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Dr. Jennifer Stern Studies the Surface Chemistry of Mars
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Belly dancing, trapeze-flying geochemist Dr. Jennifer Stern studies whether the surface chemistry of Mars could support life.

Name: Dr. Jennifer Stern
Title: Geochemist
Formal Job Classification: Space Research Scientist
Organization She Works For: Code 699, Planetary Environments Laboratory, Solar Systems Explorations Division, Science Directorate

What is most interesting about your role here at Goddard?

I have no typical day. I work in a laboratory, an office, and sometimes in the field. In the field, we collect samples of rocks and soils from places with geology similar to that found on Mars and other planets. In the laboratory, we make geochemical measurements of these samples to understand how they were formed. The past two summers, I spent a month doing field work at Svalbard, an island above the Arctic Circle which belongs to Norway. We like to focus on extreme environments to determine the range of conditions at which life may be present because Mars has such an extreme environment.

I also use mass spectrometers to analyze extraterrestrial samples such as meteorites. Our team has found the same organic molecules that make up the basic building blocks of life in meteorites, which was a very exciting discovery.

The other part of what I do is to help develop and test customized instruments that will be used on Mars. Our group has an instrument on the next Mars Rover. It is called SAM, which stands for Sample Analysis at Mars, and will look for organic molecules on Mars.

Teamwork and collaboration are crucial. One of the most enjoyable parts about my work is being part of a team. Everybody is an expert on something different and so everyone contributes.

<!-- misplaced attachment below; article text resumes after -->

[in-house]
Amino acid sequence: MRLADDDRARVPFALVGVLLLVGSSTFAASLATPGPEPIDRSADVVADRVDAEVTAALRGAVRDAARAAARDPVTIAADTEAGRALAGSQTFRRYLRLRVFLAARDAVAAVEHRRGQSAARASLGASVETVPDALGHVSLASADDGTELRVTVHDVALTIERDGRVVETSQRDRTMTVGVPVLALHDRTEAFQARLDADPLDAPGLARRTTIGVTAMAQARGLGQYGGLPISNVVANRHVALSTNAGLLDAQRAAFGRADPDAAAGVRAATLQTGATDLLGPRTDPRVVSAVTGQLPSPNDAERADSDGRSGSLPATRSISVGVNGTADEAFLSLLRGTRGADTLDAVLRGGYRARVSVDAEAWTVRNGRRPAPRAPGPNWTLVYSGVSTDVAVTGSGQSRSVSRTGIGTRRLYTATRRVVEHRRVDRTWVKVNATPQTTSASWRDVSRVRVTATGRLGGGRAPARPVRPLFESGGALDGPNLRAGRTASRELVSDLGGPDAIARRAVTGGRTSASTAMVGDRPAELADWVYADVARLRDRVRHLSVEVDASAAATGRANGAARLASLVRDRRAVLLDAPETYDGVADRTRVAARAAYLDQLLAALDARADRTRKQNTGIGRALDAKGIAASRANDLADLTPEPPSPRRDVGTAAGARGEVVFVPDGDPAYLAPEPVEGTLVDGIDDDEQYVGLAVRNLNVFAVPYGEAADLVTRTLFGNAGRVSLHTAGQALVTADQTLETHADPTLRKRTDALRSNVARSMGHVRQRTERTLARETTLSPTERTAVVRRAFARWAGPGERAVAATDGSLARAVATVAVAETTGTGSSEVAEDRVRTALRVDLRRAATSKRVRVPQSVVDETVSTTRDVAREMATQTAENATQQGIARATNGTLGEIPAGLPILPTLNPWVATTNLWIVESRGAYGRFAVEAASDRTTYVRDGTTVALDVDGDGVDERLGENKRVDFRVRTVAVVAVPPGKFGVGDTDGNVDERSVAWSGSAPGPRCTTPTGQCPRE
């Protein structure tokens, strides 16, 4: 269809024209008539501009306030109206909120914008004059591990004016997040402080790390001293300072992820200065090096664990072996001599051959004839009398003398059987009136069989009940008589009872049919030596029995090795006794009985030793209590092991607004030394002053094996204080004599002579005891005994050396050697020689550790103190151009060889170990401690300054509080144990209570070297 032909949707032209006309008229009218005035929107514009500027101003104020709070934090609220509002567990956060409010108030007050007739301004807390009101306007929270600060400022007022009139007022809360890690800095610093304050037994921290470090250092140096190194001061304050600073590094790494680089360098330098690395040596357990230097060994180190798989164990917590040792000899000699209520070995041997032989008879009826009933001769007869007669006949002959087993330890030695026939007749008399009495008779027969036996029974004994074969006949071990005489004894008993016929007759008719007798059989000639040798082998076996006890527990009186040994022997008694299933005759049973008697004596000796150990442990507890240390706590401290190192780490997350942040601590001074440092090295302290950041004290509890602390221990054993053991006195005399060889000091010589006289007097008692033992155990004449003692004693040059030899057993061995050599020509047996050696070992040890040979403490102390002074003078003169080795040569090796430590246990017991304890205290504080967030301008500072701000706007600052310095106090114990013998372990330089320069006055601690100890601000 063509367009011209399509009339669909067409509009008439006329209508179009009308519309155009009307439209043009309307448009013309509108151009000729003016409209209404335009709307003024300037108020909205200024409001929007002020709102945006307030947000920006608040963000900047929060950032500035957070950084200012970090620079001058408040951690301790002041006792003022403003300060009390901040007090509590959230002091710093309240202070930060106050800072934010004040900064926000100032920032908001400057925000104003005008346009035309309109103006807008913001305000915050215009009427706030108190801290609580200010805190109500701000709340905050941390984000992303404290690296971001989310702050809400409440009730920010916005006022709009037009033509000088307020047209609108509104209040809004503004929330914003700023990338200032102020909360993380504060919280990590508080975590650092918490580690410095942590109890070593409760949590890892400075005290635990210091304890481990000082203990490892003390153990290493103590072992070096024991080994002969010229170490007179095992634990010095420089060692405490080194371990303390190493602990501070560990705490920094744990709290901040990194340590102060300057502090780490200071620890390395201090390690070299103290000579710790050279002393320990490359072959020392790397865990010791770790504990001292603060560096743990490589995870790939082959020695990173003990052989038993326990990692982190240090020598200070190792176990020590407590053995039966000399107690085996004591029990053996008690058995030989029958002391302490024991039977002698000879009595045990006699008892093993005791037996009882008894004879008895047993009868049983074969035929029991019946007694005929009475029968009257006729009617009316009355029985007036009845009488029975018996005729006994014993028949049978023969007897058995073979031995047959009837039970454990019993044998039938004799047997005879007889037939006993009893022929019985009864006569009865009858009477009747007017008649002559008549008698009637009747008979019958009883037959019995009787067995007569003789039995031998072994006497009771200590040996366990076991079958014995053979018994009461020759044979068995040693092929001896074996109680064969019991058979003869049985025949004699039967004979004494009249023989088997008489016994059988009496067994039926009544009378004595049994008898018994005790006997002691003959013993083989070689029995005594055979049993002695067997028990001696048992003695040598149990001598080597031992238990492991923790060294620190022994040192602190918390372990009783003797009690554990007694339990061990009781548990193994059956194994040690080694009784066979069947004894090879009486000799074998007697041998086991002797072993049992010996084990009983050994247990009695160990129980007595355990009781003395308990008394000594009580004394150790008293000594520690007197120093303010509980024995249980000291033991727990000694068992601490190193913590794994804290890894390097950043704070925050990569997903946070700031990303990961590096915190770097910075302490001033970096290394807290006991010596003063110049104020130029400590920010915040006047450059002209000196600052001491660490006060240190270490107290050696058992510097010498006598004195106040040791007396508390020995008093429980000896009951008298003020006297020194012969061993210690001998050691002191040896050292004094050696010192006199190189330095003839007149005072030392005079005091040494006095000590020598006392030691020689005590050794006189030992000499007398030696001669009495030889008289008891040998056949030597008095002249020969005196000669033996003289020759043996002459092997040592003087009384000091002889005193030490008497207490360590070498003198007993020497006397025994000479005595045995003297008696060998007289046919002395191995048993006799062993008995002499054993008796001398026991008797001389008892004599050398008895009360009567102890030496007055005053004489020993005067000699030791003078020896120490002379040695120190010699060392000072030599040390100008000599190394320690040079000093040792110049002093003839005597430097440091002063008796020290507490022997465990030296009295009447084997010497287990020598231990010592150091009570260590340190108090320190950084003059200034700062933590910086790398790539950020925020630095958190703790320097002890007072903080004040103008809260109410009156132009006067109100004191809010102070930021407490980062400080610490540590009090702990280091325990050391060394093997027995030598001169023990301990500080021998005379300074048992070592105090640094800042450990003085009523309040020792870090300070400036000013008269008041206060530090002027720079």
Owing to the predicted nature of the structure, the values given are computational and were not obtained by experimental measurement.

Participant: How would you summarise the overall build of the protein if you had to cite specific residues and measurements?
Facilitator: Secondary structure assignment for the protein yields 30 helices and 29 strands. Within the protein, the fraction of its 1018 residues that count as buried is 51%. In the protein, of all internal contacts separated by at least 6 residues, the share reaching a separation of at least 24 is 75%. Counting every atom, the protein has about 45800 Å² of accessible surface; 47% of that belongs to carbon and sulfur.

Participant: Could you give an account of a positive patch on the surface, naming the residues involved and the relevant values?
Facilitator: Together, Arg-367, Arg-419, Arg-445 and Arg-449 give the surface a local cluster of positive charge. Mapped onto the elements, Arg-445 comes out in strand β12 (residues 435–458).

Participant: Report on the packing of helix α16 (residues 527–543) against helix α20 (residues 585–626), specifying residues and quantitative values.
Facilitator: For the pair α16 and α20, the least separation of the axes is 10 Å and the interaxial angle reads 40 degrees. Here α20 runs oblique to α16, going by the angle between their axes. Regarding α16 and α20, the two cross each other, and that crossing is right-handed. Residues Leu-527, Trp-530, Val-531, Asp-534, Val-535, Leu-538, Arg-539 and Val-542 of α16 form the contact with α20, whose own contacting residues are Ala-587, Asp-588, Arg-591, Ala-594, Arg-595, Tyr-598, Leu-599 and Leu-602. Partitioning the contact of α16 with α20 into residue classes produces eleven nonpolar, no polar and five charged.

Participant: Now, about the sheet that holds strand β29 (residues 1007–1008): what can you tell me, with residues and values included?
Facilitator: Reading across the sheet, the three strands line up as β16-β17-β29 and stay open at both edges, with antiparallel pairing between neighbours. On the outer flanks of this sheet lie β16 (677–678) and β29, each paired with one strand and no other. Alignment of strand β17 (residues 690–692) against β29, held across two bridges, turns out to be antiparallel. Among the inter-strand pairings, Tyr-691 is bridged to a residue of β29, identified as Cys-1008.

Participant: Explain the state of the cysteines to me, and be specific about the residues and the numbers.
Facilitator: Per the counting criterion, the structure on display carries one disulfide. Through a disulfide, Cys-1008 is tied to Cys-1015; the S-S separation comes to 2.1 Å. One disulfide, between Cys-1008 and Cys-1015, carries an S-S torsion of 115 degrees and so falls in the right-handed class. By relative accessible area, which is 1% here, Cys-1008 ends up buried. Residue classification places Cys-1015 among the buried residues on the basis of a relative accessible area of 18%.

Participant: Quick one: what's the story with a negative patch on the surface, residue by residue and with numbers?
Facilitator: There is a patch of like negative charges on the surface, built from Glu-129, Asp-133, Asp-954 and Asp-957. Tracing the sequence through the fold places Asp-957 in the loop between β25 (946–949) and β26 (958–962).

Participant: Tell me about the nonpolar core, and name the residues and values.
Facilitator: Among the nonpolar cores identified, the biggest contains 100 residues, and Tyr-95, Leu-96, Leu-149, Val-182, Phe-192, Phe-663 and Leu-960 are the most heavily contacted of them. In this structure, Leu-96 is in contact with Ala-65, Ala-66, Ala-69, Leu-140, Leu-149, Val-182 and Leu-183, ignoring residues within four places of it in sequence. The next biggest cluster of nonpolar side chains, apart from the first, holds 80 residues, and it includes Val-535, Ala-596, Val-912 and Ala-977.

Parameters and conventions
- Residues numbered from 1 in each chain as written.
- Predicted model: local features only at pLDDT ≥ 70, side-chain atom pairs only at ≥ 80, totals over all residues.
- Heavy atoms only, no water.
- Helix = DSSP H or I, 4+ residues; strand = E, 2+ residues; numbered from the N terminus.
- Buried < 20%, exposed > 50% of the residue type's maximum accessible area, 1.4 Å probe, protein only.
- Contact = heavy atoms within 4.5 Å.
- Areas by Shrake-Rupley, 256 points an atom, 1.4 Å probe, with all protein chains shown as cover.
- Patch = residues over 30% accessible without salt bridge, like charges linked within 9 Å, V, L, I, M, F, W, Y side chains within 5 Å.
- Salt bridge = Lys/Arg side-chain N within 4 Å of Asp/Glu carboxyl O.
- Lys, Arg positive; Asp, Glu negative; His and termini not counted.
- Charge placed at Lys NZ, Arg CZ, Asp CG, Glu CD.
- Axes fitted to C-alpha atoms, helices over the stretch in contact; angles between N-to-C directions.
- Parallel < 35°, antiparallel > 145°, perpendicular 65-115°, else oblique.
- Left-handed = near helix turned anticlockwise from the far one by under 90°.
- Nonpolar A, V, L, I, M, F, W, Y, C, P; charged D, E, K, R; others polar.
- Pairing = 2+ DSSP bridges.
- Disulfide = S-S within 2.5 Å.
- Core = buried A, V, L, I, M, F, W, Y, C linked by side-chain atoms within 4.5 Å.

Photo of Jennifer Stern Photo of Jennifer Stern in her lab. Credit: NASA

What is the coolest thing you’ve ever done as part of your job at Goddard?

There are two. Traveling to Svalbard to study Mars-like rocks was incredible. I got to go to a place very few people ever see. It was so pristine it was almost alien. The other cool thing is being part of SAM which is part of the Mars Science Laboratory. I will be here when the data comes back and be one of the first to see what we find. It is like being a remote explorer. Also, our team is full of incredible and inspiring people.

What makes Goddard a great place to work?

There are people doing so many different types of cutting-edge work. The opportunity to be involved in something as large in scale as sending an instrument to measure the surface chemistry of Mars is unique. My job is always challenging but always exciting.

Photo of Jennifer Stern› Larger image
Traveling to Svalbard to study Mars-like rocks.
Photo courtesy: J. Stern

Is there something surprising about you, your hobbies, interests, activities outside of work that people do not generally know?

Yes, I am a professional belly dancer. I have been dancing for 11 years and have performed in Baltimore, Alexandria, Washington, D.C., Orlando, and San Francisco. Like any dancing, belly dancing is a way to express the emotion of the music. I also just started taking trapeze lessons from the Trapeze School of New York, which has an extension in Washington, D.C. It really feels like flying and it is addictive because it is so exhilarating.

Is there someplace in the world that you want to visit or someplace you have been and want to go back?

One place I would like to go to is China to see the Karst Formations, which are the tall, narrow mountains that you often see depicted in Chinese scroll artwork. I am an artist and an art fan. Experiencing and painting different landscapes was what got me interested in geology when I was growing up.

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Elizabeth M. Jarrell
NASA's Goddard Space Flight Center, Greenbelt, Md.